WASHINGTON, Jan. 7 – In what Sen. Bernie Sanders (I-Vt.) called “an important victory,” legislation to renew jobless benefits for the long-term unemployed cleared a key Senate hurdle today.
“At a time of growing wealth and income inequality, we cannot turn our backs on 1.3 million people who would be left out in the cold without this help,” said Sanders, a cosponsor of the bill that survived a 60-37 test vote on whether to debate a three-month extension of the program. He noted that unemployment insurance kept 2.5 million Americans, including 600,000 children, out of poverty in 2012.
“It makes both moral and economic sense to help people looking for work,” Sanders added. Unless the benefits are restored and job hunters receive disposable income, the economy is expected to lose more than 200,000 jobs this year, according to the Congressional Budget Office. Each dollar spent on unemployment insurance benefits generates $1.55 in economic recovery.
Congress has reauthorized the extended unemployment benefits program 11 times since the recession began in 2007, but benefits expired last month for 1.3 million Americans, including 600 Vermonters, who have been out of work for longer than 26 weeks. An additional 1.9 million people nationwide, including 2,300 Vermonters, will lose benefits during the first half of this year unless Congress renews the program.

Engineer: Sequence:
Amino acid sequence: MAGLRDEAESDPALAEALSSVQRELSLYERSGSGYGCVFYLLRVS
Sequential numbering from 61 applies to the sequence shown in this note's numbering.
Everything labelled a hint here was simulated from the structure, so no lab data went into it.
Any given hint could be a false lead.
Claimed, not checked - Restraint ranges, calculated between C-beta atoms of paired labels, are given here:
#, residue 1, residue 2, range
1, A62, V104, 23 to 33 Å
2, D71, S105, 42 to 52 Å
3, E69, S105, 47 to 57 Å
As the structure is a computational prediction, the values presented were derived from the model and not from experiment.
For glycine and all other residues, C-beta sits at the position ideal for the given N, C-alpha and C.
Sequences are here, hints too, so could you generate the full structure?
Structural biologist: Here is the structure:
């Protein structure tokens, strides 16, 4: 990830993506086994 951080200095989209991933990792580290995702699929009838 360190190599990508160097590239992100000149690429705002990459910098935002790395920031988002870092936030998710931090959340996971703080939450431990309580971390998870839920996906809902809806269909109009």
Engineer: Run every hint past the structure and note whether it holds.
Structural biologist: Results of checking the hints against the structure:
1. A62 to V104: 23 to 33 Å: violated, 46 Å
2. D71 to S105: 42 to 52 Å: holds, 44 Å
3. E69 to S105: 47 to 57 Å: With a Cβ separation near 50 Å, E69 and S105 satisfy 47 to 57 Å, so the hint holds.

Today, while there has been some modest improvement in the overall economy, there still are three job applicants for every job opening. There simply aren’t enough jobs out there for the 11 million Americans who are actively seeking work. As a result, 37 percent of all unemployed Americans have been out of work for more than six months.
The Emergency Unemployment Compensation program was first signed into law by President George W. Bush in June 2008. At that time, the unemployment rate was 5.6 percent and the average length of unemployment was 17.1 weeks. Today, the official unemployment rate is 7 percent and the average length of unemployment is more than 36 weeks. At no time since 1958 has Congress failed to extend emergency unemployment benefits when long-term unemployment has been so high.